Sunday, October 31, 2010

Turkey Poop

Last year we started carrying a new fertilizer at 'The Greenhouse'. It is made from the droppings of free range turkeys. I did not find the opportunity to try it out last year (it sold too quickly) but I gave it a try this summer. I have attached a photo of my onions. The ones on the left were turkey pooped, the ones on the right did not receive any supplements. You be the judge. Every one of our customers who used it came back raving about the results. I'm hooked!

Wednesday, October 20, 2010

Autumn Interest

Flowering Crabs are probably our best seller next to Crimson King Maples. I have never understood the rationale of the purchaser, tho. People always look for the one with the pretty bubble gum pink flowers. Undoubtedly it is stunning when it is in bloom but it is a bit of a dud when it comes to autumn colour. My favorite flowering crabs are the ones with the beautiful, brightly coloured apples that stay on throughout the winter. The Harvest Gold is probably my favorite. The leaves are golden in colour and the apples are yellow at first, turning to a cherry red. The red against the gold is exquisite. Birds looking for food visit these trees all winter long. At some point in late winter, if you are lucky, you will see one of these trees loaded with Cedar Wax Wings. They show up one day and pick the tree clean in no time.

The 'Grace' smoke bush is another of my favorites. The leaves turn a neon pink in early October. They stand out for miles. Many customers come looking for burning bushes at this time of year, but when they see the outstanding colour of this underutilized shrub, they cannot resist it.

Kiwi vines are another stunner. Most people point out to me that kiwis will not grow in Newfoundland. Not only do they grow, but they are prolific. Do not expect the apple sized kiwi that we buy from New Zealand. These vines produce a fruit the size of a grape tomato that may be eaten skin and all. These vines turn a brilliant yellow in the fall. On a sunny day they make the garden glow.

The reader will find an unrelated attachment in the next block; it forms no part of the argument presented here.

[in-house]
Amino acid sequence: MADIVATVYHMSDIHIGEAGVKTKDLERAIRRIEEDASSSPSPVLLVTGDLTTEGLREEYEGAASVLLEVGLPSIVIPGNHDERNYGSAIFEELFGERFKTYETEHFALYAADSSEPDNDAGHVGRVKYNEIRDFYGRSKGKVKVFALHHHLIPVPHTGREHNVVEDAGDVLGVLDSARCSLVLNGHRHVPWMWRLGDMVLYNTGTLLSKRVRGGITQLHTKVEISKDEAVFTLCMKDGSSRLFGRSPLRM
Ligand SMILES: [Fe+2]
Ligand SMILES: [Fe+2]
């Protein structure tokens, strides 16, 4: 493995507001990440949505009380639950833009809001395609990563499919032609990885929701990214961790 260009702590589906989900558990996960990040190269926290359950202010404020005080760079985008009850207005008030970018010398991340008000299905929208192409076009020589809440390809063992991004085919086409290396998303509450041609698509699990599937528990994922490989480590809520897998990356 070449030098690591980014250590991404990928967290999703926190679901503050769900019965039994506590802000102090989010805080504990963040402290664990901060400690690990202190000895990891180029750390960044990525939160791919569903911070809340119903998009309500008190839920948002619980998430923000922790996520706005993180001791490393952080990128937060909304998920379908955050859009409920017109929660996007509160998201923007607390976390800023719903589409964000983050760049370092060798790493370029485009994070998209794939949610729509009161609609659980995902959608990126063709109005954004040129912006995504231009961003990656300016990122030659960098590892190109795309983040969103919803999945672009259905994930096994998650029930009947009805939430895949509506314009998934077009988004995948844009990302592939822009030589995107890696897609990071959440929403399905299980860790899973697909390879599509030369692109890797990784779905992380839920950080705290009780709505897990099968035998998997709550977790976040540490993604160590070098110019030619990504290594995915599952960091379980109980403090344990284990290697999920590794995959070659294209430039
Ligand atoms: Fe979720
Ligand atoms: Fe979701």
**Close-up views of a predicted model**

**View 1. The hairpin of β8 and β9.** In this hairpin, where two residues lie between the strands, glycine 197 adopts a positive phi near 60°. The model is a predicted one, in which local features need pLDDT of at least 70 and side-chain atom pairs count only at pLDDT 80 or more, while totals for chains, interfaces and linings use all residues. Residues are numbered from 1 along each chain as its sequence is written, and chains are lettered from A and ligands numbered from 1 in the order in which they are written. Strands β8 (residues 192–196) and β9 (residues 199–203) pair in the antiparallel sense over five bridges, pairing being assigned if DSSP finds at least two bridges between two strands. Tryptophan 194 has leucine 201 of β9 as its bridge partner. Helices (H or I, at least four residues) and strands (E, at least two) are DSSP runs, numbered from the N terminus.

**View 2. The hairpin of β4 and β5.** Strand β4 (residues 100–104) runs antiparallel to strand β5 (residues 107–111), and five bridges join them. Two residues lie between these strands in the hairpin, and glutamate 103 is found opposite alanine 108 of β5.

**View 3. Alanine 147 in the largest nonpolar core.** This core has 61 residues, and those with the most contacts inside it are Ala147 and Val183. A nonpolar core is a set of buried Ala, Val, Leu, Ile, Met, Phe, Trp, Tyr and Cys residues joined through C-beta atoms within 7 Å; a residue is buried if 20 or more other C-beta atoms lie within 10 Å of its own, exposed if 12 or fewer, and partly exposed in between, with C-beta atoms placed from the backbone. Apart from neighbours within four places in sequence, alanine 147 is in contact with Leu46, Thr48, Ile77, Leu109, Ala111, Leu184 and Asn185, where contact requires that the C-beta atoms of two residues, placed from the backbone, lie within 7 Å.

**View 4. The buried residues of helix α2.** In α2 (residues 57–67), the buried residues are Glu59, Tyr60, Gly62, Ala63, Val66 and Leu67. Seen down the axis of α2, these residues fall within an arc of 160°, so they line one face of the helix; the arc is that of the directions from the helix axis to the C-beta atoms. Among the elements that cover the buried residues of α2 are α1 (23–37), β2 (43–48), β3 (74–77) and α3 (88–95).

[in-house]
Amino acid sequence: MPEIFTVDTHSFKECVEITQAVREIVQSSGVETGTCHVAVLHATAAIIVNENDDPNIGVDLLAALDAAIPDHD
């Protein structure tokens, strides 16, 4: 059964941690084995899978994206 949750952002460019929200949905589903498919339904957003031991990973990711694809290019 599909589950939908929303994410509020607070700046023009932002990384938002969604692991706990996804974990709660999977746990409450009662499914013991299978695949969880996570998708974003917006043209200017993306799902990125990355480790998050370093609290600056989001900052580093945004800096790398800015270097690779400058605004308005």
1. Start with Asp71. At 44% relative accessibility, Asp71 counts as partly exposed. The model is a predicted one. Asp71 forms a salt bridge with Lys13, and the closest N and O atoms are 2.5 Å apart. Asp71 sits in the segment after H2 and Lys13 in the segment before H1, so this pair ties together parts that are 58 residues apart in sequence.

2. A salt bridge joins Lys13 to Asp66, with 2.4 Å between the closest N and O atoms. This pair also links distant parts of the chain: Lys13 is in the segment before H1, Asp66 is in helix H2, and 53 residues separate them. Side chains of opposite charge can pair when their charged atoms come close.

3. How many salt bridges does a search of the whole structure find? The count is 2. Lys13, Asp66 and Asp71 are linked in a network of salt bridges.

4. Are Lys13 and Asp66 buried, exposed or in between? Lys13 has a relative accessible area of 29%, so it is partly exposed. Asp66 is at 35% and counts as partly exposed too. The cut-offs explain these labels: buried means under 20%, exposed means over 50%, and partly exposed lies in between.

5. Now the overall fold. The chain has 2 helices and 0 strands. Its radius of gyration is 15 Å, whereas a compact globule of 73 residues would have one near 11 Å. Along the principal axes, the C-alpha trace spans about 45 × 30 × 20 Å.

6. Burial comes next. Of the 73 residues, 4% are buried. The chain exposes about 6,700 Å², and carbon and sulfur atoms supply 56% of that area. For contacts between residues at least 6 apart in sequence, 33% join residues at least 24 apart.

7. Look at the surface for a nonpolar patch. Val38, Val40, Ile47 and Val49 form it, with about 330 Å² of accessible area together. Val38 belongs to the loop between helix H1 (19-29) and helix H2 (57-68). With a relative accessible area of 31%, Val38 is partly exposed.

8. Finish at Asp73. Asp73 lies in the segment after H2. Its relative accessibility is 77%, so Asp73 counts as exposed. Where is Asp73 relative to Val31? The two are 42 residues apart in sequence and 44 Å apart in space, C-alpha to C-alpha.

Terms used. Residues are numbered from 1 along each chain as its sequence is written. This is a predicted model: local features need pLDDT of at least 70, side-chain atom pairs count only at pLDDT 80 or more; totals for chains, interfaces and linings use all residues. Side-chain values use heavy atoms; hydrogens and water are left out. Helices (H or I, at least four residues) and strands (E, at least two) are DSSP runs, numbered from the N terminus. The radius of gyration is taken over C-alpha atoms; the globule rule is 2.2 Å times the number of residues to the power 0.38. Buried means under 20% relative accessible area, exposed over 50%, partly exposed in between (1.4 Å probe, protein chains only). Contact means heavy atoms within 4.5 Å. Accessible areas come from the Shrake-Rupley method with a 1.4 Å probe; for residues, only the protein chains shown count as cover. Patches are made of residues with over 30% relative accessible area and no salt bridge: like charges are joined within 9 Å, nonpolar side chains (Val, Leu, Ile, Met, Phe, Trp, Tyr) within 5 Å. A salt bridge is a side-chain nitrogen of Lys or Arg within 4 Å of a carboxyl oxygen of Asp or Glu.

The moral of the story is to plan your garden for four seasons of interest. A true gardener will consider Spring, Fall and Winter with the same passion that they do their summer garden.

Monday, October 11, 2010


A friend and I recently chatted about saying Grace in school. Her daughter has just started her first year in the school system and is expected to say Grace before eating. Seems it is still done in some schools in Newfoundland. We talked about how the implementation of a non denominational system has not taken religion from the educational system entirely. There are strong arguments on both sides of this debate and its difficult to take a stand on one side or the other. BUT... at least we can.

I thought about it quite a bit after that conversation. I had a different concern when my son was in kindergarten. There was a little girl who was Jehovah Witness in his class and because of this there were no Christmas trees made from colourful construction paper to adorn the walls and windows of that classroom that year. My son, Zack, though it was quite unfair that the majority was over ruled to accommodate one child. Perhaps the teacher should have researched both pagan and non-pagan celebrations and taught a balanced message of true tolerance and an appreciation for the diversity of opinion; whether they be religious or not.

Tolerance is a BIG word. What we have to remember is that it works both ways.

Today I am giving thanks. In a world full of terrifying images and realities, we are truly lucky to be born on this soil of Canada. Whether I choose to follow a book to guide my way or touch the soil of my garden to feel truly connected to 'something', it is not important. I am not a particularly religious person but it does not stop me from being thankful. Be it God, Allah, Ganesha or Mother Earth, I have a full belly and a pantry lined with colorful bottles of preserves to get me thru the winter. Grace is in humanity not in words or books.

I am thankful.

Friday, October 1, 2010

Buying stuff

Sean and I are away at a buying show. I don't usually enjoy going to these things because I am not a typical consumer and tend to order things for resale that I like. I avoid the ceramic flower containers shaped like a dog bed with puppies hanging out over them. The way I look at it, the flowers put in the container will cover the dog, so what is the point? My colleagues in the same business tell me they sell like hot cakes. I just cannot go there.

Instead, I head for the booth with the cedar greenhouse. It is covered with a baffled poly carbonate that helps retain heat. It has a solar panel which charges a lithium battery that powers a thermostat which will open and close the roof to ventilate on hot days. One of the benches inside has a flooding tray that floods to bottom water your plants. It cycles twice a day so you can put your plants and baskets in it, go away for the weekend and not have to bother your neighbors to water your plants or open the door of your greenhouse when it is hot. It is completely off the grid. I fell in love with it. I wish I were retired so that I could putter with this in my own back yard.

I'll post some more products later... We are heading to the restaurant Jesse (my daughter) works at... The Nectar Social House in Dartmouth. It's all about the food now isn't it?!